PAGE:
Roman times: Reculver Towers

Continuing our ‘Out and About’ series, with independent reviews of local attractions and amenities.

Standing atop the promontory overlooking the sea between Herne Bay and Birchington, the two towers of the ruined twelfth-century church at Reculver dominate the skyline.

Reculver Towers
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The Roman occupation of Reculver from the first to the fifth century has left its mark on the landscape, still visible today in the remnant of the third-century Roman fort, seen in the remaining walls and earthworks. An Anglo-Saxon monastery was built on the site after the Romans left, which in the tenth century became the parish church of Reculver. Re-building of the church two centuries later included the construction of the tall towers which still remain.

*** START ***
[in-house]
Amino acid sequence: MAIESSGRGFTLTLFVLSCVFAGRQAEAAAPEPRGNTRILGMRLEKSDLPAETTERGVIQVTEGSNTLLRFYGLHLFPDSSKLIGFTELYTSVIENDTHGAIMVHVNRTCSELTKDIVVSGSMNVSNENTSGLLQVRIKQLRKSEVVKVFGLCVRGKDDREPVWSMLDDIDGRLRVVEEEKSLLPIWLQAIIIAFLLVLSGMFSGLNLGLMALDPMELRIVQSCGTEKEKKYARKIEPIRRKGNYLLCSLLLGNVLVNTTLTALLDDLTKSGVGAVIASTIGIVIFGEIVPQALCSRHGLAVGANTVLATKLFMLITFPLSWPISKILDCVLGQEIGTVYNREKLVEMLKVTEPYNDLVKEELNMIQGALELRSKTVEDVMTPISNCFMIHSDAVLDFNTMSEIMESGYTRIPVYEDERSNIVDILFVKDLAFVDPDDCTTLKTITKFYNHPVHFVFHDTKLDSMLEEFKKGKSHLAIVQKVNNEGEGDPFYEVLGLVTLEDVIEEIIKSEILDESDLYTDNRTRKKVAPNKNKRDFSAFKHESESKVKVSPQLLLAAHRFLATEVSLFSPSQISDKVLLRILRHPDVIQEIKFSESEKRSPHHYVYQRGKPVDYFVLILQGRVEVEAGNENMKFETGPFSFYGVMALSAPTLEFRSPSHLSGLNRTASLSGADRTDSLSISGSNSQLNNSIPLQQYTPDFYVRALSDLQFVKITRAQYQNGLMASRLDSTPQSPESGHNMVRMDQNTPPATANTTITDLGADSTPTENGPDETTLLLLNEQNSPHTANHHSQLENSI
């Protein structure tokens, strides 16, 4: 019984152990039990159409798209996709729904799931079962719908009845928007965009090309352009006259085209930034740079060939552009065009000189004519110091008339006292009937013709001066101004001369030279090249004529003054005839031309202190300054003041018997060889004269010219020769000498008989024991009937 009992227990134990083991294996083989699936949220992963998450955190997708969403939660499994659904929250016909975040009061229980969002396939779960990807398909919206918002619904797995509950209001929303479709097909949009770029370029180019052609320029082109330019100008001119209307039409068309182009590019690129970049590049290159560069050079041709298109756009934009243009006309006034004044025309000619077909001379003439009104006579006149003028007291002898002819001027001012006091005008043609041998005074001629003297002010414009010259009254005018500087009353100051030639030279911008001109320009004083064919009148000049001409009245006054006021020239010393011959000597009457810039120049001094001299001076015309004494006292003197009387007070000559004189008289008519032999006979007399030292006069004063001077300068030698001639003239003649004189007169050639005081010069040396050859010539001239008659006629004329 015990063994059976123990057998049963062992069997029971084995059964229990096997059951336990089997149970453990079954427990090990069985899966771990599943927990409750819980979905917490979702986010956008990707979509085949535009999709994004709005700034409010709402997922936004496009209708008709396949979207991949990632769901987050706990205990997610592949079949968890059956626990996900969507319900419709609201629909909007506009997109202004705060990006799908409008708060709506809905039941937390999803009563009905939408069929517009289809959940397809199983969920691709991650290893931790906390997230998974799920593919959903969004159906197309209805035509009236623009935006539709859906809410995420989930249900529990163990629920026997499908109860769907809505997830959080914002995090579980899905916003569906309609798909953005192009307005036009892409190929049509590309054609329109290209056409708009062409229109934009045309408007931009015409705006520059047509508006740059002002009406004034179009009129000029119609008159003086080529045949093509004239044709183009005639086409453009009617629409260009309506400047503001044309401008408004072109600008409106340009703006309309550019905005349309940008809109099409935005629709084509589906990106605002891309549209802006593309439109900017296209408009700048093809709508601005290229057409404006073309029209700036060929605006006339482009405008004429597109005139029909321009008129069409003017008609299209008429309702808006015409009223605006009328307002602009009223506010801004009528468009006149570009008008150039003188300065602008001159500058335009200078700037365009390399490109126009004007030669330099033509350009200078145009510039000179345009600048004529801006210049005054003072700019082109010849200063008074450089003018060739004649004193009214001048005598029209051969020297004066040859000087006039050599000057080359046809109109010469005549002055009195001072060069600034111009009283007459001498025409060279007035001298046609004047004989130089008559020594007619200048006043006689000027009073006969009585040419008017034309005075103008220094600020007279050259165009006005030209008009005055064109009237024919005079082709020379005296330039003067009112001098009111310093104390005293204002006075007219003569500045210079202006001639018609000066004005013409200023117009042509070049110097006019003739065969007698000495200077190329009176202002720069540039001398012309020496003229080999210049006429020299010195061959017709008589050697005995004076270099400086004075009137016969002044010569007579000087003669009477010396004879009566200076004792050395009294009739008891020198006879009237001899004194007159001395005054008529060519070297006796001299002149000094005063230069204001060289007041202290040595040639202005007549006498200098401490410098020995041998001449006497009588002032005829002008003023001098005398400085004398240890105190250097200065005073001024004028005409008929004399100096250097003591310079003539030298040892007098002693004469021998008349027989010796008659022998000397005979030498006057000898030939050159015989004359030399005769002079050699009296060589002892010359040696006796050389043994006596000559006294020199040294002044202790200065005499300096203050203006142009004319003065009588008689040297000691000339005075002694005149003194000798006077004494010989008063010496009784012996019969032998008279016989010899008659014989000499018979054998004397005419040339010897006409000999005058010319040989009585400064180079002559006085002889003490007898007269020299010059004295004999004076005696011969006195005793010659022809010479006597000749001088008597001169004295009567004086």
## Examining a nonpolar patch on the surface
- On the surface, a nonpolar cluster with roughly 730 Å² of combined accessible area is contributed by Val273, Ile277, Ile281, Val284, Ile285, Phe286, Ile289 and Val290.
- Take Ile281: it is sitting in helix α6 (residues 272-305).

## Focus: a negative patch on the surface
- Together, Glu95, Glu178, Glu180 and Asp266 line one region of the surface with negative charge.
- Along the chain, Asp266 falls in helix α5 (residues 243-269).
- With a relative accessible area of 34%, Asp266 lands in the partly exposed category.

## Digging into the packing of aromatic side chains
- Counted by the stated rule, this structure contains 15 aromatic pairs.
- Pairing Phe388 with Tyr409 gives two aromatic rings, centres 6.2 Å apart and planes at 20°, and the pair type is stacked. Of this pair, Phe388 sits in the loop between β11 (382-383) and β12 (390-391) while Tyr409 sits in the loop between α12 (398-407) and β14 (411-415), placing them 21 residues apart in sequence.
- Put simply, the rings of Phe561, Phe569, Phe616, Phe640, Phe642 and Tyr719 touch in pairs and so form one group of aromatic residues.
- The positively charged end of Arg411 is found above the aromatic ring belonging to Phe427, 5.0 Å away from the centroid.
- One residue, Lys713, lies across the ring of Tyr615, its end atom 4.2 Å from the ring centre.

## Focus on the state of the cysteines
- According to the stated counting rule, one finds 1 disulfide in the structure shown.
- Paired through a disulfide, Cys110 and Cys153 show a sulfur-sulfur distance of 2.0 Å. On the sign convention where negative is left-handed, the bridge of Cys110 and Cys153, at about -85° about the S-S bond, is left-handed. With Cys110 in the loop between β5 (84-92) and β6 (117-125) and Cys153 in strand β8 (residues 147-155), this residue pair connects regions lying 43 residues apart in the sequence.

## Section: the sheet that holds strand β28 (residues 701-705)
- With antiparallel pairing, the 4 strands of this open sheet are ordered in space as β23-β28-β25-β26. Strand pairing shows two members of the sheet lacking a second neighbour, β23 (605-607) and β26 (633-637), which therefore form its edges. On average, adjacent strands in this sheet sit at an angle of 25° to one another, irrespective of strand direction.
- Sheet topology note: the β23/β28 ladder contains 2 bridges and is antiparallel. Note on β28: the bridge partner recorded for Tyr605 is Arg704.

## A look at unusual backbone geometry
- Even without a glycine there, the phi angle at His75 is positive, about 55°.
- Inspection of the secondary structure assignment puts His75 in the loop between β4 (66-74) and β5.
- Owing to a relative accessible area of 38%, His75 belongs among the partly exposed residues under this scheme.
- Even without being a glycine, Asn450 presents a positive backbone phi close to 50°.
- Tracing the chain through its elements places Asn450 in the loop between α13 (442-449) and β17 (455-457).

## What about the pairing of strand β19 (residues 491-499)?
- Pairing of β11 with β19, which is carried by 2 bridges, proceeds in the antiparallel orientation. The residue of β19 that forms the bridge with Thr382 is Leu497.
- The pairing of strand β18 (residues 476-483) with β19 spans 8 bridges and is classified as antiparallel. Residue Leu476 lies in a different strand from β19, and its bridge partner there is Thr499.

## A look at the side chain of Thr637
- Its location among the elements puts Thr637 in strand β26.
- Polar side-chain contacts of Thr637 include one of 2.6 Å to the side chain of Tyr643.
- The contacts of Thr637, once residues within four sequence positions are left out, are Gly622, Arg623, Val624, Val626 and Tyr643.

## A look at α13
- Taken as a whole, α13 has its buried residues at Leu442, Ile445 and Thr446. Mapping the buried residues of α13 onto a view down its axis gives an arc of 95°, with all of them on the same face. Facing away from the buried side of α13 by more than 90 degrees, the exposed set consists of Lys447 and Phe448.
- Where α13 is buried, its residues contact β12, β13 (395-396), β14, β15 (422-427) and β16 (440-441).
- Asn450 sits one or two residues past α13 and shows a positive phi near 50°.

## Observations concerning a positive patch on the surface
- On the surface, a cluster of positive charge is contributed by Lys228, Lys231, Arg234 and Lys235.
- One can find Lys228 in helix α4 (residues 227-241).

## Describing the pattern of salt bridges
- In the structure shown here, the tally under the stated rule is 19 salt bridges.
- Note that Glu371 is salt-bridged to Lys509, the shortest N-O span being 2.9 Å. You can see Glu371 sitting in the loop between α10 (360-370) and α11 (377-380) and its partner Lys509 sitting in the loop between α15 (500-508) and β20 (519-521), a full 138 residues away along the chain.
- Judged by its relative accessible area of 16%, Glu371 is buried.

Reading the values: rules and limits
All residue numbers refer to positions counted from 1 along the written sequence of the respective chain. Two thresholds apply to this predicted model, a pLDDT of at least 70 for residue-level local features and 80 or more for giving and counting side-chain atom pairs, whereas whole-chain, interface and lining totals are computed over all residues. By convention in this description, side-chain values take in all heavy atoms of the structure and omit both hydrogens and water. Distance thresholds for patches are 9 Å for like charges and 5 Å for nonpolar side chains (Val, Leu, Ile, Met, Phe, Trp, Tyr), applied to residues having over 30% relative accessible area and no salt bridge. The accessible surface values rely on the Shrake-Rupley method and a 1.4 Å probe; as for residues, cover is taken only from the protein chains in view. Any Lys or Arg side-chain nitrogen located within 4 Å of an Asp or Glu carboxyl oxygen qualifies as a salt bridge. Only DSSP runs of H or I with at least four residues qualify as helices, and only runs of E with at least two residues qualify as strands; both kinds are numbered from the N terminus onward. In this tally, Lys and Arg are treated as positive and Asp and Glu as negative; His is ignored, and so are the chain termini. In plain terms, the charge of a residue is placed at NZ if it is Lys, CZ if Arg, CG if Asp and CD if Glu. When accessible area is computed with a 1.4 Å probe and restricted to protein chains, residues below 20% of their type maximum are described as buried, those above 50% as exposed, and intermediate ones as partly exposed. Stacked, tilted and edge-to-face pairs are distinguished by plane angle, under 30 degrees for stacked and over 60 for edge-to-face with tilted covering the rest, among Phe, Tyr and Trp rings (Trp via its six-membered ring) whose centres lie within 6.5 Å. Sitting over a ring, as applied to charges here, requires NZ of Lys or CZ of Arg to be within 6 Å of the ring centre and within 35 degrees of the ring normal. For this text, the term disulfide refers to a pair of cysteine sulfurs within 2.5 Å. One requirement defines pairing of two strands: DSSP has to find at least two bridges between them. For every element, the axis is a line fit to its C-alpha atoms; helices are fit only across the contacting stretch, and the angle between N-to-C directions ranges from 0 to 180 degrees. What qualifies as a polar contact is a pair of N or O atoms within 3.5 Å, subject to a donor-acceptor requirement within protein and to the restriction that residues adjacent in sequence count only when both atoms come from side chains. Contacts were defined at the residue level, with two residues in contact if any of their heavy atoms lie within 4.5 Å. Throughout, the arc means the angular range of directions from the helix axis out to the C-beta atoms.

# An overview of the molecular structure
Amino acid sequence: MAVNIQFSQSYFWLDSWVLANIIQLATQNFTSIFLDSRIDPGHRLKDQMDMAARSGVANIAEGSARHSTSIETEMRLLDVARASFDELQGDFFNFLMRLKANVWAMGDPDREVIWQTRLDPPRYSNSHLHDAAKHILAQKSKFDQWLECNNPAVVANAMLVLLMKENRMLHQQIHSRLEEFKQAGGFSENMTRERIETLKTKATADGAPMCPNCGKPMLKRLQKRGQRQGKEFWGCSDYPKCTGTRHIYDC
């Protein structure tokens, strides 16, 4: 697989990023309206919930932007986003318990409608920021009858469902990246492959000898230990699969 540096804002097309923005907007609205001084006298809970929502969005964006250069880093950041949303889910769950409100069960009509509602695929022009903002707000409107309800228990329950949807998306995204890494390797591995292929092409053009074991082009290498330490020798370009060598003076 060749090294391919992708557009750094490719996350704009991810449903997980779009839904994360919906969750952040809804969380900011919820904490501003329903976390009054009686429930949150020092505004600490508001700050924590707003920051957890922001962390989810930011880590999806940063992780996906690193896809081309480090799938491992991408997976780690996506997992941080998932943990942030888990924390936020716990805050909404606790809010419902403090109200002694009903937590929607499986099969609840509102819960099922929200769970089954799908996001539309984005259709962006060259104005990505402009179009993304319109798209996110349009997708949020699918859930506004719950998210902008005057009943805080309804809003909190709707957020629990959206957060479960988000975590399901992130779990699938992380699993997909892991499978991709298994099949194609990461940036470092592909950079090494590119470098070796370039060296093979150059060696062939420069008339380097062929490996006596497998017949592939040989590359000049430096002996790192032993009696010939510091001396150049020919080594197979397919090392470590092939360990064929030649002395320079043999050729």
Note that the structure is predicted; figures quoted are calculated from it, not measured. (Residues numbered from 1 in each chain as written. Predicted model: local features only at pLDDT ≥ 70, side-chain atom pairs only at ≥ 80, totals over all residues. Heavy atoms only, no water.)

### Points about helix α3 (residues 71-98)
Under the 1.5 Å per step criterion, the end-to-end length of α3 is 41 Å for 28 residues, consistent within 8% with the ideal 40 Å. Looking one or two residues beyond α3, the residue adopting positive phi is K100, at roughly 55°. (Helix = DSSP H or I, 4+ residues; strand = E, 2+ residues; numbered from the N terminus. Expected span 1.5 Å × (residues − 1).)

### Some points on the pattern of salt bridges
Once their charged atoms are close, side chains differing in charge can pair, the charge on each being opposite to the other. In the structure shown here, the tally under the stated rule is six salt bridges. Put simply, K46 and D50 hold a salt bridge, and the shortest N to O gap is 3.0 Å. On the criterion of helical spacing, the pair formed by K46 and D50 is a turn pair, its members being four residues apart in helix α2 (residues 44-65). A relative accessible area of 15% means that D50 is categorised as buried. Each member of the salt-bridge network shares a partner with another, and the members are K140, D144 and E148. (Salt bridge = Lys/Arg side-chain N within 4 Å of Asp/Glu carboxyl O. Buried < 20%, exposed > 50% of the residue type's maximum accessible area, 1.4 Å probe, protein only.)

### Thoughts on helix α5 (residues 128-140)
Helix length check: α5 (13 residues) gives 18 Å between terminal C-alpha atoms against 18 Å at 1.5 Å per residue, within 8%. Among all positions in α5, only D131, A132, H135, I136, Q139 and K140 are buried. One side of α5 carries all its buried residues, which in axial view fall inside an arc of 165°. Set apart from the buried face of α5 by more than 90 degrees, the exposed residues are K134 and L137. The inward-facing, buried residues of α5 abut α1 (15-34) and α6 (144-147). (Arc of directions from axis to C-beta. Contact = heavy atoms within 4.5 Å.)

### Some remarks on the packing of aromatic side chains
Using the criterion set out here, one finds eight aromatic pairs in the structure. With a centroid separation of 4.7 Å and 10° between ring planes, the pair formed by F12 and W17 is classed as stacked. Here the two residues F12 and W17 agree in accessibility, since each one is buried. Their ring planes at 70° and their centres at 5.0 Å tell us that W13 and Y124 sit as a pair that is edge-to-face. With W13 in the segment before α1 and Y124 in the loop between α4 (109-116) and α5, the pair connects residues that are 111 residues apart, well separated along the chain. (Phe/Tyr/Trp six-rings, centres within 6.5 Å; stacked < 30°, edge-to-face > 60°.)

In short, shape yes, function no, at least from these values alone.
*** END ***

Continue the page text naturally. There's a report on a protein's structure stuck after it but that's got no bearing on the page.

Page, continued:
The view in 1800

The current site includes reasonably-priced parking (with an overflow site opening up during the busy summer season), toilets and visitor centre, and is part of Reculver Country Park. The towers are now a part of English Heritage, and on rare occasions are open to the public to ascend the narrow stairs and access the walkway for a truly magnificent view over the coast.

Otherwise, access to the ruins of the church and the outside of the towers is free. There’s also a pub next to the car-park, the ‘King Ethelbert Inn,’ which has occupied the site in various incarnations since 1830.

Reculver is also famous as the location of test-runs for prototypes of the ‘Bouncing Bomb’ used in the ‘Dambuster’ raids on the Ruhr in Germany in 1943; four prototypes were recovered from Reculver in 1997.

Credit: Adamsan via Wikimedia

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